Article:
In April, at 15 weeks we found out the baby died two weeks earlier.  We thought it was just a random situation where the baby maybe didn't form correctly, though everything looked fine, but it's hard to tell.  The second, we found out at 18 weeks the baby died 3 weeks earlier.  The two were very similar.  It seemed we have a problem.  We did a lot of blood work and discovered that my plasminogen activator inhibitor 1 levels are more than double the normal level.  Pai1 is the superglue in blood clotting.  They think that little microclots are forming in the capillaries where my and baby's blood connect, and over time, the capillaries are all blocked and the nutrients cannot be exchanged.  My poor babies.  They were both girls.  I have a name picked out.  I hope she can still be a part of our family.

There is no conclusive church doctrine on the subject of when the spirit is put in the body.  Still births are not counted as sealed children in the church records.  I hope that my girl will come to me again, and I will have her in my arms, where she belongs.

This is a fairly common blood issue for women.  But even 20 years ago doctors would not be able to help me.  For my next pregnancy I'll be injecting myself with lovenox every day.  I am so so so thankful for modern medicine.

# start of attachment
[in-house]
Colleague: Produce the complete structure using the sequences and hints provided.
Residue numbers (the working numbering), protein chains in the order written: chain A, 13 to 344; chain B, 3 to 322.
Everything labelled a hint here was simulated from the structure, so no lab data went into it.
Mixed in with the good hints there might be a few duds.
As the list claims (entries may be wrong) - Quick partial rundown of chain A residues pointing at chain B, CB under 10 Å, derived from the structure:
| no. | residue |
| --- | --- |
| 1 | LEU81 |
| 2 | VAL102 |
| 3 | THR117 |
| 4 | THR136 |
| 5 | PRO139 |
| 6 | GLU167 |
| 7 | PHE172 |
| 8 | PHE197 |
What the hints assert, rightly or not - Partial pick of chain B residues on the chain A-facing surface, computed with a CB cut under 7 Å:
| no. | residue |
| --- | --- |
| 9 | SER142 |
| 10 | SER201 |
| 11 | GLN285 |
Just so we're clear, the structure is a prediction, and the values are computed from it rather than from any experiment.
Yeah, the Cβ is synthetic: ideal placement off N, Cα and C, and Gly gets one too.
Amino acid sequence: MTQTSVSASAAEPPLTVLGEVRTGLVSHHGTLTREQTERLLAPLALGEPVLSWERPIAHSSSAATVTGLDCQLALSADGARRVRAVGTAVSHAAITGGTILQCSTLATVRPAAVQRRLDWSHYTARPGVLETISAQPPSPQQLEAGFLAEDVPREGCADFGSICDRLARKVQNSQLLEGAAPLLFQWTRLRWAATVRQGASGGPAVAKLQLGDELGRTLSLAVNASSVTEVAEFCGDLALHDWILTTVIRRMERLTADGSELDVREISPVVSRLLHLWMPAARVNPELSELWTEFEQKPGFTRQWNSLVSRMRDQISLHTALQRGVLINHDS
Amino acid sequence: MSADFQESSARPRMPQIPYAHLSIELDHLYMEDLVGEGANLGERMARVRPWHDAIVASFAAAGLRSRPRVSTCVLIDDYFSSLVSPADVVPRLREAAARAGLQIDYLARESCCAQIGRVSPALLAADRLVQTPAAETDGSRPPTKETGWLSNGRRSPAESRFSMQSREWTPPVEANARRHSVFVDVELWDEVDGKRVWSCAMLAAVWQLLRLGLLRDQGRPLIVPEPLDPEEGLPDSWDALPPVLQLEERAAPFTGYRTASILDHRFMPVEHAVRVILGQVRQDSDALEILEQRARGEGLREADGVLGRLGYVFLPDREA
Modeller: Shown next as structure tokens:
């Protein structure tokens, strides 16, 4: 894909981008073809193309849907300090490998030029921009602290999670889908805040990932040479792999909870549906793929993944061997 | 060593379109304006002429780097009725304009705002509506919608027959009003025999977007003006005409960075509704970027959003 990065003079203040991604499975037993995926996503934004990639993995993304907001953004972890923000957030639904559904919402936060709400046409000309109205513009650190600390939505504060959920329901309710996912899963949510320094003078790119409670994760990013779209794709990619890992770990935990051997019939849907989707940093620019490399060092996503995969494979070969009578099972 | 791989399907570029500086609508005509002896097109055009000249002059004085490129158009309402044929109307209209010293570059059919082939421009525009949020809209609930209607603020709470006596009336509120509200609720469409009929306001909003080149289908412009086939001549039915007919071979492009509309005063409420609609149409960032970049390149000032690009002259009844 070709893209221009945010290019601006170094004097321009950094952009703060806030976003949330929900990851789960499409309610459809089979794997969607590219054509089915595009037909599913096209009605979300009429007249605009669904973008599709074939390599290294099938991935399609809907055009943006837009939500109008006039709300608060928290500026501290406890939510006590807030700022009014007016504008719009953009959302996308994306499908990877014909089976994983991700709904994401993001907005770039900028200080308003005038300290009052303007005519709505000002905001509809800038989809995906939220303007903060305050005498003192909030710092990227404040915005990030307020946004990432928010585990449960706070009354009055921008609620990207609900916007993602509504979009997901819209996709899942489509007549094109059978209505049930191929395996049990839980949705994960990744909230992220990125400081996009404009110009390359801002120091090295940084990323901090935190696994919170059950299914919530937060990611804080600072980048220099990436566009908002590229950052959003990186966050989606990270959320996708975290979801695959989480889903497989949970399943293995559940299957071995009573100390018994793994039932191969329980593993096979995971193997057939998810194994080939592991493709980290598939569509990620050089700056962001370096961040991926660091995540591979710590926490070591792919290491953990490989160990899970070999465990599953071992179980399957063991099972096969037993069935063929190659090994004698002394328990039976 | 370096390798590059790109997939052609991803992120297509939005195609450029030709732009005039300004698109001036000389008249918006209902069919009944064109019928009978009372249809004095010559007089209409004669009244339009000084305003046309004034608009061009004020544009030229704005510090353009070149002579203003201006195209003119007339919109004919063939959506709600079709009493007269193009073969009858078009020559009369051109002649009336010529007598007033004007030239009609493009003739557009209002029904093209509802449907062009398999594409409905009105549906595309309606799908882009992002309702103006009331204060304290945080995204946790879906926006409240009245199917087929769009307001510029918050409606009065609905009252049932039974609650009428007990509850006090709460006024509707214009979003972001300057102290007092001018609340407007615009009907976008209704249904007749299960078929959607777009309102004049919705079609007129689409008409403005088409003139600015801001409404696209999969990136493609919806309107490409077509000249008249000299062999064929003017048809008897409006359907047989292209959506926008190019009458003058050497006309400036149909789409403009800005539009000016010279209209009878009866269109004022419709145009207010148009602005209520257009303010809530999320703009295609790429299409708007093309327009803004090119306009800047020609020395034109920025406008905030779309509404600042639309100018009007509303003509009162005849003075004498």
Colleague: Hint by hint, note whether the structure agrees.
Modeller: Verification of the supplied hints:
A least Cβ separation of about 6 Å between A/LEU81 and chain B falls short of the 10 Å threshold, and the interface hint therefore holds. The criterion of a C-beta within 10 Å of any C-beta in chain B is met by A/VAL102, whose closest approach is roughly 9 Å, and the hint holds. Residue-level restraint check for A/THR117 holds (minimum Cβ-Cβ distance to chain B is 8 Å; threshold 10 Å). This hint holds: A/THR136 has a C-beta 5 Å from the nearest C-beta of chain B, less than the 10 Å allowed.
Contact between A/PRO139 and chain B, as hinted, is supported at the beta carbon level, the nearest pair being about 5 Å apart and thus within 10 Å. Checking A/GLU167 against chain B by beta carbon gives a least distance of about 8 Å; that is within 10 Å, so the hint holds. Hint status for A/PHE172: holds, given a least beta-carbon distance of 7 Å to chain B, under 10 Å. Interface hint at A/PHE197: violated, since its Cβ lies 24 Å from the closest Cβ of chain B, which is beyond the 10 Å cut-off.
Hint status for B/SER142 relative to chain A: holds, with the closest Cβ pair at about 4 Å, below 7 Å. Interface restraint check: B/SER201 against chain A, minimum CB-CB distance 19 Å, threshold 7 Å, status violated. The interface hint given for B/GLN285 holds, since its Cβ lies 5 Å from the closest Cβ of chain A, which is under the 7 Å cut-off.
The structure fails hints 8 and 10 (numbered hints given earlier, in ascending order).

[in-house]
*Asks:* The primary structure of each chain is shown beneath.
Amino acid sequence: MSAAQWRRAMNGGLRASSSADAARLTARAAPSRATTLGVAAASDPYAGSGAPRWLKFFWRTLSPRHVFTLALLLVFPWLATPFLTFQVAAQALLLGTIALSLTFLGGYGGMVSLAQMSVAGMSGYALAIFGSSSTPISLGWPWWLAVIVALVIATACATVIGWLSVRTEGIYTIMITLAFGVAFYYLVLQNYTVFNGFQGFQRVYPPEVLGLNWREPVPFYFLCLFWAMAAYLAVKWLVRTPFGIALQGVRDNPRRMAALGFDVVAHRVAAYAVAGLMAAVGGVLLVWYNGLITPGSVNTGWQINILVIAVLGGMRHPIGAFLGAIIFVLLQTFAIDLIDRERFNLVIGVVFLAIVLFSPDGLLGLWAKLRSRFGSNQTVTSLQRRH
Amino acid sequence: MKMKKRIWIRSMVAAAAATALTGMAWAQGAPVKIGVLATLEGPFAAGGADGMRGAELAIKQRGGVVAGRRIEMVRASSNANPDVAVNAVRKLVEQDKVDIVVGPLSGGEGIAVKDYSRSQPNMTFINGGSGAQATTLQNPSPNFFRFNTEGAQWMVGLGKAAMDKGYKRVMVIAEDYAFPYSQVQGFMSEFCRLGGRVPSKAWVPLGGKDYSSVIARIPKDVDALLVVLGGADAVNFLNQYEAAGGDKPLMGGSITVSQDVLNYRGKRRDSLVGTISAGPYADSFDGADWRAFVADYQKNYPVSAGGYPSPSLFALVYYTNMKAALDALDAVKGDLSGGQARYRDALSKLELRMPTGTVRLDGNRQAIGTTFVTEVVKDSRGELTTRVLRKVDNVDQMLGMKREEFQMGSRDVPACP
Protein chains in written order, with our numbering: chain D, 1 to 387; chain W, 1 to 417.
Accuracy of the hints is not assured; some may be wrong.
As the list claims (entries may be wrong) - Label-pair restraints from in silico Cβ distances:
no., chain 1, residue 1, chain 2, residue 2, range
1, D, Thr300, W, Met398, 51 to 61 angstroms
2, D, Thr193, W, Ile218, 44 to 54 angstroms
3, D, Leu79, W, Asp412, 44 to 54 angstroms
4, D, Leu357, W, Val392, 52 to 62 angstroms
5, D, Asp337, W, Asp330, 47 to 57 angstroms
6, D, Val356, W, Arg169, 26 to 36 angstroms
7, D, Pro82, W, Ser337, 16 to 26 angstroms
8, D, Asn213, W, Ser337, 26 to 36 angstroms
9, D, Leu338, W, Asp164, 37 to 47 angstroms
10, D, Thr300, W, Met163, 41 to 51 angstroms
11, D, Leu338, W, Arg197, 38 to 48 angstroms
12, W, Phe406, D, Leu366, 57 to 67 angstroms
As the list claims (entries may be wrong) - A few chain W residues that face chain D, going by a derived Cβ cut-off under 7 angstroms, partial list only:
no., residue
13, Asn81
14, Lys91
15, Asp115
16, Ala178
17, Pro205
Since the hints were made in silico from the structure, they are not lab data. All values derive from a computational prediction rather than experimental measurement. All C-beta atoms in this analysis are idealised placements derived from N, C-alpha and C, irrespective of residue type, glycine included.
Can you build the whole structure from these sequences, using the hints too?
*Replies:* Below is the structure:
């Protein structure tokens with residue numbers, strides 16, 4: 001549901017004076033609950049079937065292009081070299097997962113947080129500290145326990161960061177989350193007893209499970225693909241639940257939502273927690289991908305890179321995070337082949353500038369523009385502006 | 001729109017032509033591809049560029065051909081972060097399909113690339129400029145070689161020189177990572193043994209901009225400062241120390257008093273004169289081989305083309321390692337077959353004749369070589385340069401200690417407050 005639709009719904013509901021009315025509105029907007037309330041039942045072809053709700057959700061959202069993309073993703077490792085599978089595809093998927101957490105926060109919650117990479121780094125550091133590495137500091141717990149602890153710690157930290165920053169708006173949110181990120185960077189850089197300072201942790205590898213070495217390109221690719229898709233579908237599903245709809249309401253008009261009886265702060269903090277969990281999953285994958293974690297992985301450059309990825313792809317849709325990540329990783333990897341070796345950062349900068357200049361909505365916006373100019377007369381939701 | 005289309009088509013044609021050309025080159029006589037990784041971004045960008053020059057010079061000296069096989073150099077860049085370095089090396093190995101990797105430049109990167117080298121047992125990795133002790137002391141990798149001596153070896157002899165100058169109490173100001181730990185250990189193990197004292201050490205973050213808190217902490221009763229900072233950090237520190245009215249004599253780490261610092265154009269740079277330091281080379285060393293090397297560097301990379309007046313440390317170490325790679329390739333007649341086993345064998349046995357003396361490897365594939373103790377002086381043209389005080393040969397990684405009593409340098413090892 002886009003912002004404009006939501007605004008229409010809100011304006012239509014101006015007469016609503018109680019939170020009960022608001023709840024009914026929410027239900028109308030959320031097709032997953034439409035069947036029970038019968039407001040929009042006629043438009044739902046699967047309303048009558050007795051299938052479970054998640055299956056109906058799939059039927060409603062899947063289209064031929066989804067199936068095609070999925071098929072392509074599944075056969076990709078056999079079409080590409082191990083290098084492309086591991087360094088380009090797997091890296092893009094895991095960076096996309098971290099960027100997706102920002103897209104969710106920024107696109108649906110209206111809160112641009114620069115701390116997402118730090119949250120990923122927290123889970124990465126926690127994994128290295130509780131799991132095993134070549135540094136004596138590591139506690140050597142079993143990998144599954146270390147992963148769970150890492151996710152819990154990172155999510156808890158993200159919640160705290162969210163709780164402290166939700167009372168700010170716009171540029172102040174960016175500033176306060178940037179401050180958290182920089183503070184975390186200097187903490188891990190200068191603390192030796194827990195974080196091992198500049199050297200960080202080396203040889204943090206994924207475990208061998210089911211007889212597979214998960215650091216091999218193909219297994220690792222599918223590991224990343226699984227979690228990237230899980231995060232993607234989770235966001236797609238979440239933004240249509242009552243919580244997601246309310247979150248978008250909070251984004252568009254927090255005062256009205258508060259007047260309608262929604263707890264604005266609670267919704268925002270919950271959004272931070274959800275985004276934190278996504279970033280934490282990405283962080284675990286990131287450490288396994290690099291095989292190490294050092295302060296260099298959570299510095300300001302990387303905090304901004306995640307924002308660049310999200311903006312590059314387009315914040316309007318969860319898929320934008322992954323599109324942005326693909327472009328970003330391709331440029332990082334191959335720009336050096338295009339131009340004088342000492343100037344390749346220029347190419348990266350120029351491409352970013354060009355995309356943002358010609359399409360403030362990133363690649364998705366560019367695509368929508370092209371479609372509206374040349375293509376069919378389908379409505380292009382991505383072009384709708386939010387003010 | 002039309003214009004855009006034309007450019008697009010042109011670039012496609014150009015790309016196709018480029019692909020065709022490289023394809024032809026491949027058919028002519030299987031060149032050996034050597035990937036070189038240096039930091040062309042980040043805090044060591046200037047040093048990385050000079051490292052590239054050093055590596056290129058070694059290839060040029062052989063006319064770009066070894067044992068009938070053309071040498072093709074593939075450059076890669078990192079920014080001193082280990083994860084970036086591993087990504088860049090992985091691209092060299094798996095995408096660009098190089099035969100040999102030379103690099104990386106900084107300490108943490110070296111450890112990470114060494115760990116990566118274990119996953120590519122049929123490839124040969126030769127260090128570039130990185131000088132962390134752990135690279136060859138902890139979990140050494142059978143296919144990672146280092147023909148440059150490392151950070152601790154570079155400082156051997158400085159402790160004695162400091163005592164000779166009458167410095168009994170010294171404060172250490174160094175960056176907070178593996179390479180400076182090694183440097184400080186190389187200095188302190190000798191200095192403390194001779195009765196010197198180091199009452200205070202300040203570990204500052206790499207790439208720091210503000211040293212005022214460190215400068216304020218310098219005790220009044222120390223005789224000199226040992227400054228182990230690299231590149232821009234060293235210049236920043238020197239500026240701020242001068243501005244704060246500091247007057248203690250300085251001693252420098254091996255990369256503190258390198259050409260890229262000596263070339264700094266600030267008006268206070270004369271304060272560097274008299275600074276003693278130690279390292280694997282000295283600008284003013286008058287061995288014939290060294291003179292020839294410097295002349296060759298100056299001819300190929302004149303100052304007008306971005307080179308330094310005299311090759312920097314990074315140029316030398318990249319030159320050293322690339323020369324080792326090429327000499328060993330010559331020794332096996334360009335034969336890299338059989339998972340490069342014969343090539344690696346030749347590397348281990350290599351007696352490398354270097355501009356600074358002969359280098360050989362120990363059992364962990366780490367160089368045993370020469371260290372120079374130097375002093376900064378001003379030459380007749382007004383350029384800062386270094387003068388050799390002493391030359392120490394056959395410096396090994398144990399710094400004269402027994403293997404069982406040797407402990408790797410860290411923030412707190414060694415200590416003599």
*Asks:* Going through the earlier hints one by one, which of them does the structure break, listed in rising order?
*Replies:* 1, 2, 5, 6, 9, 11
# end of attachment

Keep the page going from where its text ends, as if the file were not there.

After Thanksgiving, after my family left, when my house got quiet, I was more observant.  One morning, when I bent over, I didn't feel that bulge, like you're leaning over a ball.  I looked at my stomach.  I just looked fat.  And then I cried.  Because I know what it feels like to carry a live baby.

The ultrasound confirmed it.  My husband kissed me, and cried with me.  I am thankful for 4 perfect children.  The specialist was so confident we could figure out what was wrong, that it made me confident too.  16 viles of blood and amniocentesis revealed that the baby was perfect and my blood has gone wonky.  The doctor also said that it's common for women to have no problems with their blood clotting and then for it to change.  Good, I'm not a rare case.

I can blog about this because I think there is a happy ending with more babies.

Rachel said, "Give me children, or else I die."  God put maternal desires in us.  So Strong.  I am thankful for the Atonement that can make everything right.  My little trial is small compared to most.  I know that.  These miscarriages have revealed that I am not as strong as I thought.  But I hope that they have prepared me to be able to handle bigger things to come with Grace.

December 26, 2012

We had a gingerbread decorating party